The idea of getting energy from waste has been around at least 30 years, when I covered the periphery of a bid for a trash-burning plant in northeastern Ohio. But it was, at best, an immature plan at that time, and still today is a poor solution for resource efficiency.
These days, it’s more likely that energy from trash will come from the methane produced in the trash piles, instead of from incineration. Yesterday, I heard a very enthusiastic presentation by Don Augenstein of the Institute of Environmental Management, who described his team’s approach for anaerobic composting in waste dumps.
I can’t believe that I was excited by such talk, and yet, I was. The first grabber he tossed out was that capturing LFG (landfill gas) could reduce the greenhouse gas effect by about 5 percent. This is because although everyone talks about CO2 emissions, and CO2 emissions make up the vast bulk of GHG volume, methane is actually far more destructive in the atmosphere.
The process he described has been in full-scale demonstration at a landfill in Yolo Country, Calif., since 2000 is is “ready to go commercially and globally.” He said a number of competing companies are offering technologies, “but we were there first. I have a paper from 1976 that lays it out,” Augenstein said. He said the giant Waste Management is copying his group’s technology. (I am not, of course, in a position to verify the claim, at least not this morning.)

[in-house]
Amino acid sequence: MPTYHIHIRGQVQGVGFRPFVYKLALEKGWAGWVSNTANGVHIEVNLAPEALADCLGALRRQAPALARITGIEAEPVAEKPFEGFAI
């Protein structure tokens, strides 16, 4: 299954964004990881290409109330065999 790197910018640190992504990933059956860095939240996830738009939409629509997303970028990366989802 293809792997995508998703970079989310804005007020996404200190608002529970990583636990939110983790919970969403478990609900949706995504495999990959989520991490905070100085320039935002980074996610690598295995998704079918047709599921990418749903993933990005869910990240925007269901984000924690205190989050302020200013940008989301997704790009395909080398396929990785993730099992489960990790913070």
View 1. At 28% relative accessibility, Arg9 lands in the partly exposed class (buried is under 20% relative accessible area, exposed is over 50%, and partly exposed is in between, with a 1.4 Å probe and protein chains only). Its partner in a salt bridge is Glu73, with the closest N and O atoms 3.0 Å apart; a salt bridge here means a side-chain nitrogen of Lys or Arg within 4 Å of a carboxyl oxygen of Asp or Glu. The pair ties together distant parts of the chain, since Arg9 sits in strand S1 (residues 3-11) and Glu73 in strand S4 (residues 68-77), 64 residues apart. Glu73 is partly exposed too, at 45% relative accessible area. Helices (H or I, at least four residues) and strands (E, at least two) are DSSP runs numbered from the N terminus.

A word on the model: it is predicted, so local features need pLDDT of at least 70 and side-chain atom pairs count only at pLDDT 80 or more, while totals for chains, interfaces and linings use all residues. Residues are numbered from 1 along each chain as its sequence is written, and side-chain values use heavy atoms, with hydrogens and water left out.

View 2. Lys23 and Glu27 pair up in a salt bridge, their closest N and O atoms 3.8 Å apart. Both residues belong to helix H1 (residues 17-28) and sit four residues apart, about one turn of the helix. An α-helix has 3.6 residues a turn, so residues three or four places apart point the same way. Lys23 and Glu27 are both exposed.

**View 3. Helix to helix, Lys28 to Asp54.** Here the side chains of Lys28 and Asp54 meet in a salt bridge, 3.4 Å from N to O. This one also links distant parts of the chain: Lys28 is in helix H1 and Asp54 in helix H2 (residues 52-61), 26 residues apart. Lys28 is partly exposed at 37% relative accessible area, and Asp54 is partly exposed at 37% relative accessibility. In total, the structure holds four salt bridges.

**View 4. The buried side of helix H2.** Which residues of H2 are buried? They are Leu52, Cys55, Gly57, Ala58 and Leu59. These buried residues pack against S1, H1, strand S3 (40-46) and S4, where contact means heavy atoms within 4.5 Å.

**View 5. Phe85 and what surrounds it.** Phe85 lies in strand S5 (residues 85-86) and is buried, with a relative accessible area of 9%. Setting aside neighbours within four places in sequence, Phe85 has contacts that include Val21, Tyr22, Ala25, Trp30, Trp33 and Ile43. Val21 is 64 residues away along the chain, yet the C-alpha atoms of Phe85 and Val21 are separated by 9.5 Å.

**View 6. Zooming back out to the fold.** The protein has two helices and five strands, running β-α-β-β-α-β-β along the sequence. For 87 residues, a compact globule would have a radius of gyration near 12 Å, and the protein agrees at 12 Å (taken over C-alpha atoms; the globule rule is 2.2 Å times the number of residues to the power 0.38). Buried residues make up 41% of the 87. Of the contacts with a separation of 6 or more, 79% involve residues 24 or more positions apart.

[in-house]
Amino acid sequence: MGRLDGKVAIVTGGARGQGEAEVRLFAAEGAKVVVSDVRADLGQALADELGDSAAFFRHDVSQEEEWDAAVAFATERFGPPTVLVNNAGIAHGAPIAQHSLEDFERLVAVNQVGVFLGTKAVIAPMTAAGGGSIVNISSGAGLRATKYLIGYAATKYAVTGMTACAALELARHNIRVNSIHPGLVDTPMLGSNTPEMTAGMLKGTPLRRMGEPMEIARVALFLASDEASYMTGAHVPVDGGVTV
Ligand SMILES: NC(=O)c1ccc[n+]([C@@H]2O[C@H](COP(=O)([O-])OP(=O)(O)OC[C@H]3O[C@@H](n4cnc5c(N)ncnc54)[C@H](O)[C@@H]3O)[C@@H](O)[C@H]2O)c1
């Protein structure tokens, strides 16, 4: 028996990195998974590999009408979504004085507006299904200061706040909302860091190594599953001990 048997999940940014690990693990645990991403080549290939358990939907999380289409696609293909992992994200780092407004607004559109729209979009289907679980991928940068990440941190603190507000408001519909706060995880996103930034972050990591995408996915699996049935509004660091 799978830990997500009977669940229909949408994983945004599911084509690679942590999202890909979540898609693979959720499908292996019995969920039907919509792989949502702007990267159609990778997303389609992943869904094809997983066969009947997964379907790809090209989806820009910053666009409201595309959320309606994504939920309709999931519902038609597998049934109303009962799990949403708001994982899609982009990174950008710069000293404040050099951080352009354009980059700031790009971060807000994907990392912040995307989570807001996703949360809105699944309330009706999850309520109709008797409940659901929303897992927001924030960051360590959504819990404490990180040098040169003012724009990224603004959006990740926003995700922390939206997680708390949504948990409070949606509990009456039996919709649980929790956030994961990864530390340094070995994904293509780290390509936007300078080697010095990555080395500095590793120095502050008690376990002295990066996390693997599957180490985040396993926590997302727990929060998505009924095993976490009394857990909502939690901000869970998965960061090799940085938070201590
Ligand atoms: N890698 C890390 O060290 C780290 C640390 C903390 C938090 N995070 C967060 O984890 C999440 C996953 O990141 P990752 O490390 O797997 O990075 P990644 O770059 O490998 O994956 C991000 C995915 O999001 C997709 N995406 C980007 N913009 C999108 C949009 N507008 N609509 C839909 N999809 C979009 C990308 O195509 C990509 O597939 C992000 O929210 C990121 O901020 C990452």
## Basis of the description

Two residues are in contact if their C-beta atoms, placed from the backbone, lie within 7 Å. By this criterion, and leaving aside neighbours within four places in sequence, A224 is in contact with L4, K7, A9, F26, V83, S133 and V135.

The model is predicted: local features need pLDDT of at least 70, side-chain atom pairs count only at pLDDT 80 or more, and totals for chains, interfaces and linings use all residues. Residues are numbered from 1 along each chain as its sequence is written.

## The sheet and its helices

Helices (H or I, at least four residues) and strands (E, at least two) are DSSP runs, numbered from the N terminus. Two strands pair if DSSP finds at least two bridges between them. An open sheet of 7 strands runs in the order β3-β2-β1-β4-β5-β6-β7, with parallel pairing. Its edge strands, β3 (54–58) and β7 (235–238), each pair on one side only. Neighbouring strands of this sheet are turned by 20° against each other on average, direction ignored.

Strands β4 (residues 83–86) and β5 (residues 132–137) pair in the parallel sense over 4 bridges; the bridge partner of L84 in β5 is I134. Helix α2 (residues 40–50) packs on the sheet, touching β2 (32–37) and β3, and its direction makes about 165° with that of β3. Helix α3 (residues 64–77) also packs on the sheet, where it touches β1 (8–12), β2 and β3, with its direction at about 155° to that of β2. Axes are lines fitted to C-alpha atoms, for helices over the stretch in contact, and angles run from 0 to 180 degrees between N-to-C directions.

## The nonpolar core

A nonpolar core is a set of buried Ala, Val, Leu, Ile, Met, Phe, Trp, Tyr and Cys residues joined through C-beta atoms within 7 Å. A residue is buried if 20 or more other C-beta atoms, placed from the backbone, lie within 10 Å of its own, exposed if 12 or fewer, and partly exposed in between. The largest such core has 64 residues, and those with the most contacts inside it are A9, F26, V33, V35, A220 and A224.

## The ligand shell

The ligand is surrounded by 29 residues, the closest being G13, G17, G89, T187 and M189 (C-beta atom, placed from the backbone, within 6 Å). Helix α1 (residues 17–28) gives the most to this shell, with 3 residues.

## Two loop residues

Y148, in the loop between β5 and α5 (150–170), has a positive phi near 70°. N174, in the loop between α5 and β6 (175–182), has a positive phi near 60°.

Augenstein said one value of his technology is that it is heavily monitored — they have more than 200 sensors for documentation. His process is fairly simple: The trash is piled and capped rapidly to prevent methane escape, and then moisture, which could be gray (treated, nonpotable) water, is introduced to promotes methane production.
He said they were surprised to learn that, compared to a control pile of trash, volume in the demonstration project fell by 20-25 percent as solids converted into gas. That means the process creates value by allowing the same land to be reused for more trash disposal over time. Other values result from the power produced by the methane, which can be burned for electricity at the petroleum equivalent of $6 to $30 a barrel, and the reduction of greenhouse gas, which will have monetary value when a cap and trade system is implemented.